1. Trailblazing in Fintech

Fintech forms the spirit of the challenger bank, the disruptor and the startup, and is the driving force which enables incumbents to keep pace with them. The trailblazing fintechs in this article represent some of the best examples taken from the new crop. The FinTech Connect class of ’19. They include:

  • Tribe
  • OpenFin
  • Polymath
  • Veracode

 

  1. FinTech Connects… with Adam Rogas, CEO of NS8

Ecommerce is changing. Purchasing products can be done at the touch of a button (or two, hello SCA) from the comfort of your own home. Ease of access is king.

But as convenience becomes the key to a successful online payment transaction, companies are left weighing frictionless purchasing and simple checkout conversion against the risk of ever more sophisticated fraud and nefarious threats.

We asked NS8 CEO Adam Rogas how the eCommerce space was shaping up, and in what ways NS8 was solving problems in that sphere.

 

  1. FinTech Connects... with Brooke Navarro, Head of Business Development & Capital Markets

We have had the pleasure to connect with Brooke Navarro, Head of Business Development & Capital Markets, at tZERO. tZERO is the global leader in blockchain innovation for capital markets. Their focus is enabling the market to tokenize and trade digital assets through blockchain technology.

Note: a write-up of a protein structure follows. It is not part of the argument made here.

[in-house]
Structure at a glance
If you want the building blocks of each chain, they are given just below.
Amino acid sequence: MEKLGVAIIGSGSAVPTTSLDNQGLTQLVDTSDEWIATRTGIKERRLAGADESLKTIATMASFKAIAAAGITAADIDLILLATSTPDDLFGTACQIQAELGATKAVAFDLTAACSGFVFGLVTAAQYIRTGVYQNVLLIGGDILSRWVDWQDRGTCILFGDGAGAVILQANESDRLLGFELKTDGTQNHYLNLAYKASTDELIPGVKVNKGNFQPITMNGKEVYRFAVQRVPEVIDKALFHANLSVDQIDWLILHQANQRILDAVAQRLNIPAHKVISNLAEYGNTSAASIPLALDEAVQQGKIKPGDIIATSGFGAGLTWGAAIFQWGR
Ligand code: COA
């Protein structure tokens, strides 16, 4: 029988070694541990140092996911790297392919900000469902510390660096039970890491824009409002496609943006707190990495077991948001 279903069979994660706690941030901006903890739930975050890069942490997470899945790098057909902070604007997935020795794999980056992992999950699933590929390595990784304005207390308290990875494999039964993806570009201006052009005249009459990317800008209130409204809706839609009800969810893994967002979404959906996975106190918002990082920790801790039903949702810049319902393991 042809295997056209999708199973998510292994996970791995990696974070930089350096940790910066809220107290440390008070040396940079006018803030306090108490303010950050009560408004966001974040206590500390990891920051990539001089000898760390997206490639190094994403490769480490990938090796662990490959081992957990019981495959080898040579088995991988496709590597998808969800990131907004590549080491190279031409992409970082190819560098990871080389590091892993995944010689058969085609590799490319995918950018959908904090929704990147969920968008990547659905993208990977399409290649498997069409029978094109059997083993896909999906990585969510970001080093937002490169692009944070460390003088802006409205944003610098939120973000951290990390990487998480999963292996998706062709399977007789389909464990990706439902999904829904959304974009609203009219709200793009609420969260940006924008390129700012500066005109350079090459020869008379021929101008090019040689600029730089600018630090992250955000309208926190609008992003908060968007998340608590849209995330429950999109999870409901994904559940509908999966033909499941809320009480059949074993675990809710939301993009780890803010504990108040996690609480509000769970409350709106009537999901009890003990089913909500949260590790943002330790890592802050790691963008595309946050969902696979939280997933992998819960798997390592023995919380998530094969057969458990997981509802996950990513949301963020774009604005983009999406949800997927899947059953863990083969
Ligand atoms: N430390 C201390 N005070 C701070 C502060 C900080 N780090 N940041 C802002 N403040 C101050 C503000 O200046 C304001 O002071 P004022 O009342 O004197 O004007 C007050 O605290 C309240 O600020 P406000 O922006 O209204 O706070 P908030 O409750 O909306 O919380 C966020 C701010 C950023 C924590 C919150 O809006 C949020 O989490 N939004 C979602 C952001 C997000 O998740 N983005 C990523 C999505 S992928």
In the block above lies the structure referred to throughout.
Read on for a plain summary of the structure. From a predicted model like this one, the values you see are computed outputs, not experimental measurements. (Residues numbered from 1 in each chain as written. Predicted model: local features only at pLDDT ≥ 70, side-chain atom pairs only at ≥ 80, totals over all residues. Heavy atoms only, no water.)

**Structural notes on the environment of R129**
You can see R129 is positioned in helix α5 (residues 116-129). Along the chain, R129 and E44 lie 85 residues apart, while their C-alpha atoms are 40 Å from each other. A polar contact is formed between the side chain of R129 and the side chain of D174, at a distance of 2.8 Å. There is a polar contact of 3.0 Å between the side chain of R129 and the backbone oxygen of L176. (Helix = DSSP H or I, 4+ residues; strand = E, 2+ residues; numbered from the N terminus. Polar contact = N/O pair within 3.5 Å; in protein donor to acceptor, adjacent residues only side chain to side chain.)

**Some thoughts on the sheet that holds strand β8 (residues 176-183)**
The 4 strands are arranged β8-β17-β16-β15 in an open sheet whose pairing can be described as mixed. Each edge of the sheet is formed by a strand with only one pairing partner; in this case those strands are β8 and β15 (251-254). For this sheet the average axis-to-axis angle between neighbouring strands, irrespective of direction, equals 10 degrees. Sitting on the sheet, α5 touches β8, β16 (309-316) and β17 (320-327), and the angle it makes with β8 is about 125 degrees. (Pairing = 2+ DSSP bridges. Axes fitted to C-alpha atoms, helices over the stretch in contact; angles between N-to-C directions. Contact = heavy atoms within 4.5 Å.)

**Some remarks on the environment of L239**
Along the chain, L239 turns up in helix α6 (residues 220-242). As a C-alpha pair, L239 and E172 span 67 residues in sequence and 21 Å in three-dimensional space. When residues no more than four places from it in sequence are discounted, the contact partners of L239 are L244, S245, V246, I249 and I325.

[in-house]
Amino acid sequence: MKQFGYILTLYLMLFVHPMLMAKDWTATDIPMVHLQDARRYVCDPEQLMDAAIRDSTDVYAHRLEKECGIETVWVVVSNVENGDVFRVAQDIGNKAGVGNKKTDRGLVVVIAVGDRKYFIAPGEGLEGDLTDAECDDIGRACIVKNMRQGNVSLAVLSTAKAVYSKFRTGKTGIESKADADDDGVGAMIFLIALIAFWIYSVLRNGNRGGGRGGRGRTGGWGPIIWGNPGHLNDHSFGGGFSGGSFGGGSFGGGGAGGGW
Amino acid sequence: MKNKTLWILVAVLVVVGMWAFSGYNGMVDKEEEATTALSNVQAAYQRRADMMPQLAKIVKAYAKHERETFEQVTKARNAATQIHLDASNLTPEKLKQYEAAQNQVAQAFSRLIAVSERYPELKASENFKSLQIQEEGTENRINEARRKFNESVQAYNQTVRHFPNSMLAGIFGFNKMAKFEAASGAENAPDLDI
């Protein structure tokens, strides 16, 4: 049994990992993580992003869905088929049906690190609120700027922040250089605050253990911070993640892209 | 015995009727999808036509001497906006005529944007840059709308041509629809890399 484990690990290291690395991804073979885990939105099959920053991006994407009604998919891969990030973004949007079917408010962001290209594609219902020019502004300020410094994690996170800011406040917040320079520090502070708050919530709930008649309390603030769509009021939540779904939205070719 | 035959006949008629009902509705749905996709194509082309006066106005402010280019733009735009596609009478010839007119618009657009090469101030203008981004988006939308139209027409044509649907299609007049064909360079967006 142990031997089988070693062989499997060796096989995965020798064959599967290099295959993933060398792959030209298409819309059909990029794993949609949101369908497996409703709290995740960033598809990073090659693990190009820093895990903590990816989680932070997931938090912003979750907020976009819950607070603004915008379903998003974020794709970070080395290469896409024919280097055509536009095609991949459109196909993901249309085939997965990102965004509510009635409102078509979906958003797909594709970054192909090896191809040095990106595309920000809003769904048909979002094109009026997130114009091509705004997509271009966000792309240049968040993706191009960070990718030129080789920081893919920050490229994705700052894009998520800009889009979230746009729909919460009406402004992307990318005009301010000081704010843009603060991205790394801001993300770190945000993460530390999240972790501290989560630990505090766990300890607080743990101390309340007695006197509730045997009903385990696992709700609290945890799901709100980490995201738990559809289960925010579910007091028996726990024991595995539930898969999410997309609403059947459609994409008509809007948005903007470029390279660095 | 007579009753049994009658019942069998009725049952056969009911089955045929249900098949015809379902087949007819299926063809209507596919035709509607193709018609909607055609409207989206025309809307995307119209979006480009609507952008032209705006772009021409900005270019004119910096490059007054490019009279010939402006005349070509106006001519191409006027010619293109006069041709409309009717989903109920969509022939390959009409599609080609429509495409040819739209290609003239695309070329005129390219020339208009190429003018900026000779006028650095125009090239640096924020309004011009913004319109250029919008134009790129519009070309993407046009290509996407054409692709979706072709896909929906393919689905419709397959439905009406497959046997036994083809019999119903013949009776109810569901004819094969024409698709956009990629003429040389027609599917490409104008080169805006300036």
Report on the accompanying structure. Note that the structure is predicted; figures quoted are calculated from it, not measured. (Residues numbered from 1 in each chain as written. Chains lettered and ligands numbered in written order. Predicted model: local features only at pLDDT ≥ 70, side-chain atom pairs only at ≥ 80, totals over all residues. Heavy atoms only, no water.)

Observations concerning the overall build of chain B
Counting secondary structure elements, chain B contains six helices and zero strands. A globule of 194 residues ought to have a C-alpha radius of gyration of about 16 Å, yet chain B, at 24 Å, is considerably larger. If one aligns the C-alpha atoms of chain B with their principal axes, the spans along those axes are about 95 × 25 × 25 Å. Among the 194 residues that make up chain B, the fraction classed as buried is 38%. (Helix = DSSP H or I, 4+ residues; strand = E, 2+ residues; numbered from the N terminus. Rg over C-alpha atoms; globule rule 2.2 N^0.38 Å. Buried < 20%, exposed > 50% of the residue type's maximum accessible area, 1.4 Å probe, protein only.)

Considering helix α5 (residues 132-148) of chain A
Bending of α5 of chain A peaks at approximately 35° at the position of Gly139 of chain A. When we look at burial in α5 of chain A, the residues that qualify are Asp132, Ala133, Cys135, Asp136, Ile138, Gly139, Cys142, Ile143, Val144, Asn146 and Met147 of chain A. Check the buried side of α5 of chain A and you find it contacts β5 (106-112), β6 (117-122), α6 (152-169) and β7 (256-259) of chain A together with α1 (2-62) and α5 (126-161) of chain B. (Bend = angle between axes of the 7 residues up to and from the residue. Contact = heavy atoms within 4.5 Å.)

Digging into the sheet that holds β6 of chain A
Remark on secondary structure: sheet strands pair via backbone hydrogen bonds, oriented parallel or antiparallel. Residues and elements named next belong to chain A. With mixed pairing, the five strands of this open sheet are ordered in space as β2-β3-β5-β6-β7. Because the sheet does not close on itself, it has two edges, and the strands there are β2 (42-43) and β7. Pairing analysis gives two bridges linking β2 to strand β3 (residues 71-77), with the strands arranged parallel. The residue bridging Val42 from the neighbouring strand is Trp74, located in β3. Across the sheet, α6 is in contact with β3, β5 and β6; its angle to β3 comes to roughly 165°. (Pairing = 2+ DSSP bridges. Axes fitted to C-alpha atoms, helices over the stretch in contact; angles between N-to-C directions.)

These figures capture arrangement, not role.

1. FinTech Connects…. with Ross Sleight, Chief Strategy Officer at Somo

Ross Sleight is renowned as one of the UK’s leading thought leaders in digital transformation. In his role as Chief Strategy Officer at Somo, he is part of a team that designs, builds and delivers digital products and experiences. He will be delivering a presentation at FinTech Connect entitled 'zig when others zag to create significant product differentiation’ on December 3rd at the London ExCeL Centre. This article is a preview of some of the insights he will give.

 

DEFENCE

  1. Digital Autonomy, Lethality, and Business Agility: Innovation in the Royal Navy

It was clear at this year’s Disruptive Technology for Defence Transformation conference that the Royal Navy has fully embraced the tenets of innovation and transformation. This article covers:

  • The wholescale digitization of the Naval Service
  • User-focused capability development
  • Readying for future disruption

 

  1. Fostering a Culture of Innovation in Defence

How do you create the conditions for innovative thinking to flourish? Is it possible to create a culture of innovation, or to teach it? How can an organisation become comfortable with risk, or even failure?